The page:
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The 2017 book Sexe et mensonges (‘Sex and lies’) tells the story of Moroccan women caught between submission and transgression; women who have to be either virgins or wives in order to escape the law that punishes sex outside marriage as well as homosexuality and prostitution. In doing so, it confronts Morocco’s very personal demons and unleashes the voice of a youth trapped in a deeply conservative society that nevertheless consumes sex as a commodity. Continuing the narrative started by filmmakers such as Nabil Ayouch in Much Loved, the book calls for more sexual freedom and less hypocrisy in the North African country. But who is its author, Leila Slimani?
Slimani was born in 1981 in Morocco to a Moroccan father and an Algerian mother. Her father is a banker and high-ranking official and her mother is a medical doctor. Slimani has two sisters. She is married and has two sons, born in 2011 and 2017.
She studied in Paris, France and graduated from the Institute of Political Studies there. After trying unsuccessfully to become an actress, she went back to school and trained as a journalist. She worked for Jeune Afrique magazine from 2008 to 2012, then went freelance while she focused on her first novel.
Dans le jardin de l’ogre (‘In the ogre’s garden’) was published in 2014. The novel deals with female sexual addiction and immediately received critical acclaim. The book was selected as one of the five finalists for the 2014 Prix de Flore and won La Mamounia literary prize in 2015. Her second novel, Chanson douce (‘Lullaby’), won the 2016 Prix Goncourt, one of the most prestigious awards in French literature. Described by one critic as ‘brilliantly unsettling’, the book tells the tale of a nanny who murders two children in her care, in a refined style that takes the reader deep into the killer’s mind while using the narrative to reveal the origins of violence. Slimani is only the second Moroccan to win the Goncourt after Tahar Ben Jelloun, who won the prize in 1987.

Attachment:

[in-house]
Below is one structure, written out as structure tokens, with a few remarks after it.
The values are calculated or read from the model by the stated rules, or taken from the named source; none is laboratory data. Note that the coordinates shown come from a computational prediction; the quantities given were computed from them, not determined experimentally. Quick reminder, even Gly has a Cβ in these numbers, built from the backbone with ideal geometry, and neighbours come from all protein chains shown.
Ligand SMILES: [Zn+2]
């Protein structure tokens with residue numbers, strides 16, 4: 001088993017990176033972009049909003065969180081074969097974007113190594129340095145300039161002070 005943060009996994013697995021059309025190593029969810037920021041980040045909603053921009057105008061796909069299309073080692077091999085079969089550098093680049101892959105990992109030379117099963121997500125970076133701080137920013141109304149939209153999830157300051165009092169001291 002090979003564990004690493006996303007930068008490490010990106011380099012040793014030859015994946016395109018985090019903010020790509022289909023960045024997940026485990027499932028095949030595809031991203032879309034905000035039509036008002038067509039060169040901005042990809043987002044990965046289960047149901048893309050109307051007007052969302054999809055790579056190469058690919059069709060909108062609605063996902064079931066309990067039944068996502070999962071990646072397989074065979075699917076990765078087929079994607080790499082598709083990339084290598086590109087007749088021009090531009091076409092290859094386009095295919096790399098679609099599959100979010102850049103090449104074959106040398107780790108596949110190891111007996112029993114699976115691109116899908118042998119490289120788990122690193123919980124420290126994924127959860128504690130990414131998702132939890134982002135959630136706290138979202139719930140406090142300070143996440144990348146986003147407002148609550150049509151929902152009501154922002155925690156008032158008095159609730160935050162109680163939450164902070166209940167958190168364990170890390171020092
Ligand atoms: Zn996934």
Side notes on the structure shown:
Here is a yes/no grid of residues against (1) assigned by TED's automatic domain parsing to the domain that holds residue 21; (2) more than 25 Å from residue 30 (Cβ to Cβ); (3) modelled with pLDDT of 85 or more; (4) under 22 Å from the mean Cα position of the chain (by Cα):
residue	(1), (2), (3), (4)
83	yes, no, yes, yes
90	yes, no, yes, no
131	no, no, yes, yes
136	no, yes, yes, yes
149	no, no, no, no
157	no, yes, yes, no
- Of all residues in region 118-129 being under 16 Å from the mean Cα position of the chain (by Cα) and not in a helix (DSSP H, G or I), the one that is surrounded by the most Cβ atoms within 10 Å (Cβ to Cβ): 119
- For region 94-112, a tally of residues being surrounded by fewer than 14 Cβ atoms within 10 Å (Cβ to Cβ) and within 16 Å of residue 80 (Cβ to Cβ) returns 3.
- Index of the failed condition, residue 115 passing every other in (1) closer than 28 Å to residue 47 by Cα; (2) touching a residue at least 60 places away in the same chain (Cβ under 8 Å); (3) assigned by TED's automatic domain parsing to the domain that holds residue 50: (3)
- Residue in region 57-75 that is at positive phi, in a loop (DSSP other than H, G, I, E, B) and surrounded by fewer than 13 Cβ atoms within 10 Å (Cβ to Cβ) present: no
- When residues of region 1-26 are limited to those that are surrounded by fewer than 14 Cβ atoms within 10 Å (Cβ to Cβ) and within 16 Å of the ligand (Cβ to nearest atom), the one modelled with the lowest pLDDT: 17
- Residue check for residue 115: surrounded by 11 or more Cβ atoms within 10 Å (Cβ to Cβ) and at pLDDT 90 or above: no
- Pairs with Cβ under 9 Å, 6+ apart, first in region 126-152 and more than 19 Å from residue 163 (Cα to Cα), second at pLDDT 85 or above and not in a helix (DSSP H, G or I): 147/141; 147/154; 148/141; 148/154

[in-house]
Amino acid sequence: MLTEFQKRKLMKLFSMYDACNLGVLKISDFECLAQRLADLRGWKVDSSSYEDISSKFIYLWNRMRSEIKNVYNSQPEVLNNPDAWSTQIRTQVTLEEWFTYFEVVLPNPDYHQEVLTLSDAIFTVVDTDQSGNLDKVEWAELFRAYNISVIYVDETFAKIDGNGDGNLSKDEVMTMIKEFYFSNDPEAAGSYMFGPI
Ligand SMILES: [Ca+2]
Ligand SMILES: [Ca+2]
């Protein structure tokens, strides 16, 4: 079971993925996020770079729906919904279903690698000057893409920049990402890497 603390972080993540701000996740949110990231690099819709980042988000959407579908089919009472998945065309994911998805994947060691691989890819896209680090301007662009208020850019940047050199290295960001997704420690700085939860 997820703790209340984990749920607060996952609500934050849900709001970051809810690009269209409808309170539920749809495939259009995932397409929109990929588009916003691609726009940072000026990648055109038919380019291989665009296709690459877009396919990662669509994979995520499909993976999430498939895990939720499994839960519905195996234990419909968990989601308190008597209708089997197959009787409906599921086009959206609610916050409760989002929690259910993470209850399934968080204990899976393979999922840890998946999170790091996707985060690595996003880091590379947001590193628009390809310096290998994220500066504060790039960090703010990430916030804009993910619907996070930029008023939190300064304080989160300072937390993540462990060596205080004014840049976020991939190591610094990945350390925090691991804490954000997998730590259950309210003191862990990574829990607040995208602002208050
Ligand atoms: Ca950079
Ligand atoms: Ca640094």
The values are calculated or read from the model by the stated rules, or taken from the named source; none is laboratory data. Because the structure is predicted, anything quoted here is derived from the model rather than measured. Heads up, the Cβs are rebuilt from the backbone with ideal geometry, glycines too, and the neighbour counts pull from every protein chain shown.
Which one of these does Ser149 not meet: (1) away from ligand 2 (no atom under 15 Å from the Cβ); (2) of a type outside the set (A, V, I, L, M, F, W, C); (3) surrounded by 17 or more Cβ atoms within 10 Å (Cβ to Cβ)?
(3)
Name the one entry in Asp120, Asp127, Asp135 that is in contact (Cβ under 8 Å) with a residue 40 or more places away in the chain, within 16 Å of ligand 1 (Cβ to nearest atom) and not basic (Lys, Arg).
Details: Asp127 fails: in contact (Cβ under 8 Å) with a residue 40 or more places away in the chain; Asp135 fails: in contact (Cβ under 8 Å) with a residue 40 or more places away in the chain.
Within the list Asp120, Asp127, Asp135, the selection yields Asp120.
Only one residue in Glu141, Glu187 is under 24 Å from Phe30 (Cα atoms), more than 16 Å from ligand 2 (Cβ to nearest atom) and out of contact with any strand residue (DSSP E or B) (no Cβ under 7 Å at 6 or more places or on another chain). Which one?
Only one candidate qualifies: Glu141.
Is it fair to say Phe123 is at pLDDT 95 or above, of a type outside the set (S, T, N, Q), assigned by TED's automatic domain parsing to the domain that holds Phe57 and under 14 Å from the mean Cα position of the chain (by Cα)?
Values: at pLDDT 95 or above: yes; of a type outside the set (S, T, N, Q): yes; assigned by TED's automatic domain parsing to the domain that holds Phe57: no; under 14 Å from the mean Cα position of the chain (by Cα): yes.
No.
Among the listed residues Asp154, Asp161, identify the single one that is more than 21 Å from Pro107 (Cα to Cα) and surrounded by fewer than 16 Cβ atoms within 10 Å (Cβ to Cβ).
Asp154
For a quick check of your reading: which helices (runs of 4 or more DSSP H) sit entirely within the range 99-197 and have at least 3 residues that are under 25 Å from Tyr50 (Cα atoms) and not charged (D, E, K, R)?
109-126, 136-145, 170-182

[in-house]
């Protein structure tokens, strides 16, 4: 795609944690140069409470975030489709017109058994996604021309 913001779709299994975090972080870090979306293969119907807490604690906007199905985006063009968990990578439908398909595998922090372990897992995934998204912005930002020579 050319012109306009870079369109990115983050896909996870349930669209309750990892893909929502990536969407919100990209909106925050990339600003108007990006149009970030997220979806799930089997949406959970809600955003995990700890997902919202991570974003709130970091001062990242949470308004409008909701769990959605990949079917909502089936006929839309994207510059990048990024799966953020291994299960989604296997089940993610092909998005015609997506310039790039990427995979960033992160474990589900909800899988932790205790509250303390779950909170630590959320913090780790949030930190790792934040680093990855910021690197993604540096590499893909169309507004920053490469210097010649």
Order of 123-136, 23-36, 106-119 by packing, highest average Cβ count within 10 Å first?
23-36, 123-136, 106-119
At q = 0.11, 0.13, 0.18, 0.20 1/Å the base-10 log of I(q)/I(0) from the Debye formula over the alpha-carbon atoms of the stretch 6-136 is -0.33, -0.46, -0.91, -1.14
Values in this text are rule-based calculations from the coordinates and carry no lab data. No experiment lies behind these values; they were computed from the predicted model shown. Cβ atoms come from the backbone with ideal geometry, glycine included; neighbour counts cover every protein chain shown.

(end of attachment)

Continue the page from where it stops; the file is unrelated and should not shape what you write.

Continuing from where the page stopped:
In addition to her journalistic and literary success, Slimani is making a name for herself on the French political scene. During the second round run-off presidential vote in May 2017, she publicly supported Emmanuel Macron on his promise to stop the discourse of hatred, especially of his main rival, Front National leader Marine Le Pen. In November 2017, after Macron was elected, she was appointed as his personal representative and given a wide remit to promote French language and culture.
A presidential spokesperson said Slimani was chosen because she “represents the open face of Francophonie to a multicultural world”, and because she is “part of a new generation that the president wants to highlight”.
In the wake of the Harvey Weinstein scandal and the emergence of the #MeToo movement, Slimani has one again shown herself to be a strong voice in often uncomfortable public debates. In a concisely argued and widely praised editorial entitled ‘Are you born a pig?’ – a response to Le Monde’s 9 January 2018 open letter signed by dozens of notable Frenchwomen that denounced the #MeToo movement as a ‘puritanical’ form of feminism – she claimed her right ‘not to be bothered’ and ‘her right not to even think about it’.
She attacked the masculine vision that assumes that men own the public space and are entitled to behave in it the way they want. However, she went on to note that not all men fall into this category. ‘The men around me blush and rebel against those who insult me, against those who ejaculate on my coat at eight o’clock in the morning, against the boss who makes it clear what my promotion necessitates. The men I know are disgusted by this retrograde vision of virility.’ She added that she hopes her son will be ‘free to define himself other than as a predator inhabited by uncontrollable urges’. In sum, she denounced the patriarchal system that oppresses millions of women on the streets of Cairo, New Delhi, Lima, Mosul, Kinshasa, Casablanca, etc.
Slimani’s defence of women’s rights through the written word, in a style that has clearly struck a chord, is a testimony to the power and importance of language in highlighting women’s issues at the highest level.